Some years ago industry forecasts were very strong on the all aluminium engine with no cylinder liners. The aluminium for the block needs a very high silicon content, something around 12% as I recall, to give the necessary wear resistance. The buzz word was "hyper-eutectic silicon alloys". The pistons were usually aluminium but with a surface coating, such as hard anodising. Lightweight cast iron pistons might be OK in a softly tuned engine; maybe that is where the Rover V8 went wrong because people started to tune it to degrees that I am sure Buick never intended. What cylinder/piston metallurgy does the current Rover V8 engine have ?

Back to matters pre-war. The magneto on my Riley packed up recently after only a few hundred miles, but quite a long elapsed time, since the engine rebuild. Fortunately I had a spare and while I was at it I changed the plugs and HT leads. When I took the old plugs out the gaps were some 30 thou., I set the new plugs at the recommended 18 thou. and the previously slow cold starting miraculously became instantaneous. Now to the point; reading some recently aquired copies of early Riley Register Bulletins I came across a reprint of a 1930's Riley Technical Bulletin to the effect that a common cause of magneto failure was excessive plug gaps putting too high a resistance load on the magneto windings leading to overheating and failure. It fits my situation exactly but I had never heard this before. Do the electrical experts in our number, of which I am not one, accept this thesis.

Graham Orme-Bannister
Alresford, Hampshire, UK


From: Adrian Roger Twelvetrees
Sent: 23 June 2000
To: Graham Orme-Bannister
CC: British-Cars-Pre-War
Subject: Re: ALUMINIUM CYLINDER HEADS

Graham,

The original target for the Buick engine was supposedly an outboard motor. It failed at that and was then picked up for a US compact car, with the design converted to conventional liners. I think that the compact was a failure and Charles Spencer King was able to licence that design for Rover because there were no other outlets for it.

On the topic of magneto failure I am extremely sceptical about a largish plug gap damaging the insulation. There should be a safety spark gap somewhere on the high voltage side, usually under the rotor arm, which sparks before the voltage rises to excessive levels. The energy dissipated in the magneto might be expected to be less if the plug gap is larger, since the current will flow for a shorter time. In any case, the energy involved must be tiny compared to the conducted heat from the engine. Older magnetos fail from ageing of the enamel on the wire, or breakdown of the insulating tape between the layers of wire. This is a well known "life" effect of older insulating materials, which can be delayed by keeping the winding cool and perfectly dry. There should be no such failure mode in modern materials, and the problem is almost certain to be a breakdown of the capacitor. So called infant mortality is a problem with electronics. This is overcome on high quality electronic equipment by "stress testing" at high temperature to weed out incipient failures before shipping to the customer. If the winding has broken down, then the reason is likely to be a quality failure in the layering and interleaving of the high voltage winding. Independent ignition supplies will supply you with a capacitor by mail order for a few quid if you feel confident enough to fit it yourself.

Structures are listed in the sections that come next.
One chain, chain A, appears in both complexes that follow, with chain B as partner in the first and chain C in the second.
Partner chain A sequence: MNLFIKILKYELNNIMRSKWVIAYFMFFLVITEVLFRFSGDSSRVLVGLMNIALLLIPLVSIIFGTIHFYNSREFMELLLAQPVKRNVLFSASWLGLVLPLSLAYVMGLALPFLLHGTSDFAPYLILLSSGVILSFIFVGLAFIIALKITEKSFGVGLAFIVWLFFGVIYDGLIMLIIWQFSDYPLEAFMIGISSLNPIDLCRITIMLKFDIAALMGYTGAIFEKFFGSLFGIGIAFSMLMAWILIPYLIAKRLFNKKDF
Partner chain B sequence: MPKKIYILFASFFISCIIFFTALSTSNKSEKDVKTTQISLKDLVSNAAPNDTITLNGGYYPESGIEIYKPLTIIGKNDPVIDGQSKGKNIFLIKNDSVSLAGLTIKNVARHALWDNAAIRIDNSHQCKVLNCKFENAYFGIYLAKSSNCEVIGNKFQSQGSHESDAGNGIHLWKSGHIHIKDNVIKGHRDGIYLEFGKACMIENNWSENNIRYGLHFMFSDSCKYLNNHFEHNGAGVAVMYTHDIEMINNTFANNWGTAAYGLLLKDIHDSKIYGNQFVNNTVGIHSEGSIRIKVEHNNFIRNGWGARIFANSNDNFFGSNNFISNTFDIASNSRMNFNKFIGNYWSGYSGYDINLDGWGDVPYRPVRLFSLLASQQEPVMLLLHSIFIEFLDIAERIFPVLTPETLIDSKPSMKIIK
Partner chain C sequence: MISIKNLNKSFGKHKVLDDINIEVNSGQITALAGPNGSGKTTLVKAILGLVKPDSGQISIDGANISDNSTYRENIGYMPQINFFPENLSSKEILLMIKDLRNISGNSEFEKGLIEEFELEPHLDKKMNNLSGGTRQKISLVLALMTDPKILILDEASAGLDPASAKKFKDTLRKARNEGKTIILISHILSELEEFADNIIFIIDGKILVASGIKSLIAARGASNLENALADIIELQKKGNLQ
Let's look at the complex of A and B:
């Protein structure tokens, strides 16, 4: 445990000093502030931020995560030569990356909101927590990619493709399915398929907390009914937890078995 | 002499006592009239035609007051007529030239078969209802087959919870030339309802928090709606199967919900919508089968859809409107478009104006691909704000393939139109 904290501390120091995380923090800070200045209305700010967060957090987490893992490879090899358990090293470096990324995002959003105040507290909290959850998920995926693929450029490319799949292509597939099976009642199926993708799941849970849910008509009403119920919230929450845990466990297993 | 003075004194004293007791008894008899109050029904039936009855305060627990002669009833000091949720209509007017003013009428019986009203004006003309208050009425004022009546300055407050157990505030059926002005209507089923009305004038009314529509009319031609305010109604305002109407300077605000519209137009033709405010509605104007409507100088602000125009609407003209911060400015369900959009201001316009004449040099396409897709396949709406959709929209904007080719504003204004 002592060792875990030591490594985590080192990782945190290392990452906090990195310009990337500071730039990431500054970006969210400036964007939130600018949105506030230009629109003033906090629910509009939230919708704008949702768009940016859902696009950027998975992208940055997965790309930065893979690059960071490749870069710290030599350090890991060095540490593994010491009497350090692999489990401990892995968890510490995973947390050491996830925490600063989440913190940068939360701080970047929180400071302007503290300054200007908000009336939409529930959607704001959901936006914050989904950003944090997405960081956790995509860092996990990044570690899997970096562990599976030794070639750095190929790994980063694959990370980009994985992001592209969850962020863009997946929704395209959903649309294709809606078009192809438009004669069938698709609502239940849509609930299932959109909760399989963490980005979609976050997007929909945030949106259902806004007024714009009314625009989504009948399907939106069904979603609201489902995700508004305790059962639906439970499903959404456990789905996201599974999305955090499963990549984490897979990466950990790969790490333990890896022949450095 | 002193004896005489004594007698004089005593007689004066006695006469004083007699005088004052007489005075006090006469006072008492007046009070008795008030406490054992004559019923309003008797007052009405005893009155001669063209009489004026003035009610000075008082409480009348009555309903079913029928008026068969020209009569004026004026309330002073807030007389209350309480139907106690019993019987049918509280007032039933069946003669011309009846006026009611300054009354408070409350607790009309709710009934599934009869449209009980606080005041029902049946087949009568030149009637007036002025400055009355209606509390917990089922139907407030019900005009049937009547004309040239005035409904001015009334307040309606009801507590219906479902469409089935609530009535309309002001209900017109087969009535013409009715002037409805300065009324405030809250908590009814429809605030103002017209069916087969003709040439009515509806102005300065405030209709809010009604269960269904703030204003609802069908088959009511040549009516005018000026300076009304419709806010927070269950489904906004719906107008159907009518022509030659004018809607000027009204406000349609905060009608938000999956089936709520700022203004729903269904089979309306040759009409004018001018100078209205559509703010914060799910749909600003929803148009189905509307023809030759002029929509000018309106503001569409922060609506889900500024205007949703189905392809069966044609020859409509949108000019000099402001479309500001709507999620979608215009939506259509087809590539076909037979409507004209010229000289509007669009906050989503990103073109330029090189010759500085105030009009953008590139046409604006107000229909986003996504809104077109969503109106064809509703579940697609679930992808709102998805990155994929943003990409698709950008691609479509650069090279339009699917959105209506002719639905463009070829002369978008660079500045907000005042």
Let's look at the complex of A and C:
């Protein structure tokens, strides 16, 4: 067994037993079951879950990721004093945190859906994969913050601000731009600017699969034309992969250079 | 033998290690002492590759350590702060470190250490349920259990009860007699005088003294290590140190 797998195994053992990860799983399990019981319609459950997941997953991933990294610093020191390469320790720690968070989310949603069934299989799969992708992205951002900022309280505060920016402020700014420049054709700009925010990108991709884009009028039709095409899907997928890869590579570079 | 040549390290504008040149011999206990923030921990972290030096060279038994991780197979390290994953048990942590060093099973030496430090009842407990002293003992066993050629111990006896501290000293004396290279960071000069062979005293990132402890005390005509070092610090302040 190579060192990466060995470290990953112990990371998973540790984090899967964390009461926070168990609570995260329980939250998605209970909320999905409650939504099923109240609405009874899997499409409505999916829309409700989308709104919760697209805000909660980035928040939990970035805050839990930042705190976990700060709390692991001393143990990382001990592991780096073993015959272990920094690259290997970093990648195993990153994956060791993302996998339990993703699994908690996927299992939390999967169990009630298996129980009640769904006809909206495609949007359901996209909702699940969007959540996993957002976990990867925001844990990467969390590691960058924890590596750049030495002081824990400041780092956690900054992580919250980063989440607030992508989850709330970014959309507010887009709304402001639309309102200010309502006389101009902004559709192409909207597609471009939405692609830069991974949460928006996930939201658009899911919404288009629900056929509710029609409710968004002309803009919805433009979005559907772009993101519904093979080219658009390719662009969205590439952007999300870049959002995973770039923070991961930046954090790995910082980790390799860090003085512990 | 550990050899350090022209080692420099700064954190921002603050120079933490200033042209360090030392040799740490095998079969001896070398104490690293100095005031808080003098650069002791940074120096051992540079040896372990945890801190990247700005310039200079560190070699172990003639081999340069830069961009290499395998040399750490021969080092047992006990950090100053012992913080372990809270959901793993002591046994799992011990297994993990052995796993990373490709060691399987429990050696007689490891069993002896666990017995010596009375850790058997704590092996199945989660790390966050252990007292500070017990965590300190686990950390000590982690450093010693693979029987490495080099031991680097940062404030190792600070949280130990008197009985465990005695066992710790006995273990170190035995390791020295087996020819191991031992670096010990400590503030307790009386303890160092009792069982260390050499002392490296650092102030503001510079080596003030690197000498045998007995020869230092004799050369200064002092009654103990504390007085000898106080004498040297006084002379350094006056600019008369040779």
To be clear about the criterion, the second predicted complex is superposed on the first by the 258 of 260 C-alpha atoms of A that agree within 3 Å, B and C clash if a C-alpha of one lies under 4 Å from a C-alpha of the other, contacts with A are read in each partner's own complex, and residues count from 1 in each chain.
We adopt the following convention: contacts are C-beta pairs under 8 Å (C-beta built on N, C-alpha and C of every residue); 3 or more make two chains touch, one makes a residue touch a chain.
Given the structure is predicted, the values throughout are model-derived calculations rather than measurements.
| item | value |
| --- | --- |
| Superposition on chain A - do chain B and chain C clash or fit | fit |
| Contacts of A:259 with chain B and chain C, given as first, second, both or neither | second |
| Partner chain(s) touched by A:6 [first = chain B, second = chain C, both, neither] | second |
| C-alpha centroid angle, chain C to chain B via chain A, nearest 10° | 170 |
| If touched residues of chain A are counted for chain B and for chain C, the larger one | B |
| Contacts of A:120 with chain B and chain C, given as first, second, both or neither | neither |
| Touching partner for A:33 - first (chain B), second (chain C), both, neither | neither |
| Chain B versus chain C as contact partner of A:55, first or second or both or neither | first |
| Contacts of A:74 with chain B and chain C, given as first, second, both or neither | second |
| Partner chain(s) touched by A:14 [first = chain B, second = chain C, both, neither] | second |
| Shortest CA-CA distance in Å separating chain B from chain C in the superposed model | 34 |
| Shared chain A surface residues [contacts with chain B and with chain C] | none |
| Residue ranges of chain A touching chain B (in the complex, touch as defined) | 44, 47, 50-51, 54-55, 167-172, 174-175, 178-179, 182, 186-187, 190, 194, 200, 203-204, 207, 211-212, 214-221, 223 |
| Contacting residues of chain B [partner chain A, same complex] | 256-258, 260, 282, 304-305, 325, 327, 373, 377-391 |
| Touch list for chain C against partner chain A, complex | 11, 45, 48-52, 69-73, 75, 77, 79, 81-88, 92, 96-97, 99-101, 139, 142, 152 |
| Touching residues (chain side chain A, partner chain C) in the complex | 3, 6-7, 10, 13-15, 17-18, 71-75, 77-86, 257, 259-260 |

Best wishes,

Roger


From: Peter Jacobs
Sent: 23 June 2000
To: Graham Orme-Bannister
CC: British-cars-pre-war
Subject: Re: ALUMINIUM CYLINDER HEADS

Graham,

Regarding your magneto, if the plug gap is too wide then the voltage generated in the magneto has to be greater to the make the spark jump the gap. The danger is that it may find an easier path by jumping between layers of the fine wire windings in the magneto's coil. Once this has happened the insulation may be broken so that it always chooses this path even when the plug gaps have been narrowed. This means a rewind is necessary. The coil's insulation can be degraded by prolonged exposure to damp. The best place to keep your mag's when the car is off the road is in the airing cupboard!

It is usual for magnetos to contain a "safety spark gap". This is designed to permit the spark to jump to earth in circumstances such as a plug lead becoming disconnected, and is set so that the magneto's coil is not overstressed. Unfortunately, these safety gaps are not universally understood, and people widen them in conjunction with wider plug gaps to get a bigger spark at the plug. It may work for a while, but in due course the coil insulation will give way.

Therefore, always maintain plug gaps at no more than 18 thou when a magneto is in use, and regularly check that there is minimal electrical resistance between the each plug terminal and its segment in the distributor cap. Do not use anything but copper cored HT leads, and avoid plug caps which incorporate interference suppressors.

Hope this helps.
Peter


From: Adrian Roger Twelvetrees
Sent: 24 June 2000
To: Richard Weid
CC: Graham Orme-Bannister; British-Cars-Pre-War
Subject: Re: ALUMINIUM CYLINDER HEADS

Graham,

Gee, what an amazing resource the lists is!!!

Roger


From: David Whittle
Sent: 26 June 2000
To: British-Cars-Pre-War
Subject: Re: ALUMINIUM Blocks

They should surely have hard chrome plated the inside of the bores and used ally pistons. NSU mopeds were done this way in the 50s with great success. Cast iron pistons sound archaic by the time this engine came along?

Regards
David Whittle


Home | Hints & Tips | Suppliers | Engineering Data | Links | Events | For Sale | Gallery | Books | Videos | About Us